Children march in protest at racist vote

3rd April 1998 at 01:00
Thousands of lycee pupils took to the streets on Saturday, joining mass demonstrations in Paris and other French cities against the extreme-right National Front.

In Paris up to 40,000 demonstrators marched from Republique to Bastille and large turn-outs were reported in many other cities, including Marseilles, Toulouse, Rouen and Grenoble. Teaching unions postponed their own planned demonstration on educational issues to join the action.

Power-sharing deals made with the NF by five politicians from the centre-right UDF party will allow them to retain their presidencies of local councils, even though the Left won most votes in those regions in last month's regional elections. President Chirac denounced the deals with the "racist and xenophobic party" in a nationwide broadcast.

Support for the NF, which won more than 15 per cent of the national vote, spreads across all social groups but was strongest among those including shopkeepers and small business people. It won the single-biggest working-class and unemployed vote. Geographically it is concentrated mostly in the south of France, the North, Alsace and Paris.

It controls four town councils, all in south-east France. So far the councils have banned disapproved books from public libraries, denied foreigners any pension rights and withdrawn alternatives to pork which are usually provided for Muslim and Jewish pupils in school canteens.

Last week tens of thousands of primary pupils and their teachers took part in the National Week Against Racism in 60 departements.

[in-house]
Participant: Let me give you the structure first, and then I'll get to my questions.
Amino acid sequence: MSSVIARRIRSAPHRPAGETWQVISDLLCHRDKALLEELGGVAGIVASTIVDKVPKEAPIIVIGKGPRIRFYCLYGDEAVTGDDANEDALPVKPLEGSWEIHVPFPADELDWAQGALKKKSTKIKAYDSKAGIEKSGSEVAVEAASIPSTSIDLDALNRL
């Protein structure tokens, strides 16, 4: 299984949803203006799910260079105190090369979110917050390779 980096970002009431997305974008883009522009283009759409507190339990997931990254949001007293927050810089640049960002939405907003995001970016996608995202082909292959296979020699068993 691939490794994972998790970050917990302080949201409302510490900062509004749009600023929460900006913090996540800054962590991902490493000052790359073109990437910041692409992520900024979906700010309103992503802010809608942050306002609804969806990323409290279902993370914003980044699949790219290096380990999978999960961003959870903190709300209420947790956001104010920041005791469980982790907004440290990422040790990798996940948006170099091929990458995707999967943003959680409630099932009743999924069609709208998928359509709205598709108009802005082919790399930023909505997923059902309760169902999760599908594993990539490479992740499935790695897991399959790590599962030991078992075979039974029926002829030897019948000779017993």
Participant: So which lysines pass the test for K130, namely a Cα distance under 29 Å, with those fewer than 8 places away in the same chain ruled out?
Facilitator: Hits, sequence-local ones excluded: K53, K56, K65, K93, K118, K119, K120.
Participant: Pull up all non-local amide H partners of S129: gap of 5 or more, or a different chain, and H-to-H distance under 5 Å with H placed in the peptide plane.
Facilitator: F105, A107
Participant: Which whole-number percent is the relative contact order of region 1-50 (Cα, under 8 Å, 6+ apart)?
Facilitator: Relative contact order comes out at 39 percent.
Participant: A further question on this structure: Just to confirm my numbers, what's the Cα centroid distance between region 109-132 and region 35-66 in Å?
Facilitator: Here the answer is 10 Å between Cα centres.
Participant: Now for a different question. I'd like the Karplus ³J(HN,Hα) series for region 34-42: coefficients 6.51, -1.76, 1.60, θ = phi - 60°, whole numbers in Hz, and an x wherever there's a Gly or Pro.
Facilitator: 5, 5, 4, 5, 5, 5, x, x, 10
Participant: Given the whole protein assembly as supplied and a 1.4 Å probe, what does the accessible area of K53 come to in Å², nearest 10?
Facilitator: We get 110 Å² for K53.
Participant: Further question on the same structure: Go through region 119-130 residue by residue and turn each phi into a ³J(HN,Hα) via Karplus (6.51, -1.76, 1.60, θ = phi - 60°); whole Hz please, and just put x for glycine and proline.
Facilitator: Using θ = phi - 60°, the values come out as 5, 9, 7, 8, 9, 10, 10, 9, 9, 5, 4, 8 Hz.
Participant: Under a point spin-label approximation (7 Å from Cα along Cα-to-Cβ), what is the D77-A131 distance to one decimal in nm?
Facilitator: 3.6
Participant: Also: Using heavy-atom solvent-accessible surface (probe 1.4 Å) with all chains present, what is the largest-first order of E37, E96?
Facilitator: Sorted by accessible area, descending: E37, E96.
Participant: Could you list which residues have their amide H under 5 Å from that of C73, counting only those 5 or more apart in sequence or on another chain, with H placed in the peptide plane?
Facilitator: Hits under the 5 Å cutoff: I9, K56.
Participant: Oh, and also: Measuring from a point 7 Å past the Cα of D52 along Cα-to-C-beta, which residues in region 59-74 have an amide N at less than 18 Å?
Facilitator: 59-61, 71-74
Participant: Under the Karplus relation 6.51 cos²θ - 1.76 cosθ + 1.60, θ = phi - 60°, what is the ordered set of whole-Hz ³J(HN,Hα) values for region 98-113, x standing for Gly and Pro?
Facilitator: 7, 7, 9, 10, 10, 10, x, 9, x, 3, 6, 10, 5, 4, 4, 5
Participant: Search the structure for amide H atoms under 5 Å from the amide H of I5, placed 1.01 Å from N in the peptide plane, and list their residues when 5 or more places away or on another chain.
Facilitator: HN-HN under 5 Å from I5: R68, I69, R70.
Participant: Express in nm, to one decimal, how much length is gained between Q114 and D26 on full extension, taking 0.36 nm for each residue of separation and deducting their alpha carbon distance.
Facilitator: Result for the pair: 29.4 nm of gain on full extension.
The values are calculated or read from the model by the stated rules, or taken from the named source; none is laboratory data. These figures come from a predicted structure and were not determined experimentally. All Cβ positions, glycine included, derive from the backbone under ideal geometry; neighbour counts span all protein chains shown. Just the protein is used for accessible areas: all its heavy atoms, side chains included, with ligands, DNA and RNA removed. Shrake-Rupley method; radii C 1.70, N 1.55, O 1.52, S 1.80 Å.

Prominent among the Paris crowds on Saturday were young people, including many secondary pupils and university students. Clapping and shouting slogans, they ambled along the sunny boulevards, some pausing only to roll giant joints which they smoked as a gesture to show their freedom in what they called "this corrupt society that spawns fascists".

Matteo, 15, said he was marching "because this is our future, these Nazis want to take over our lives and who knows what will happen if we don't all react? Shall we really be able to say in 20 years that we couldn't see it coming?" David, also 15, said: "Even though we might not be able to change anything today, we want to show the NF that we will be here when things really matter."

Also prominent were those aged over 50, many of them active during the tumultuous "events" of 1968, the 30th anniversary of which is now being commemorated.

In March that year students of Paris university at Nanterre staged strikes and occupations, initially in protest against working conditions, but which soon led to a nationwide questioning of French society.

The country was paralysed as workers and unions joined forces with the students and stopped working. The events culminated in May with riots during which students memorably used the paving stones of Paris to hurl at the police who were tear-gassing them.

Only significant concessions from the Government saved it from being toppled by the protests.

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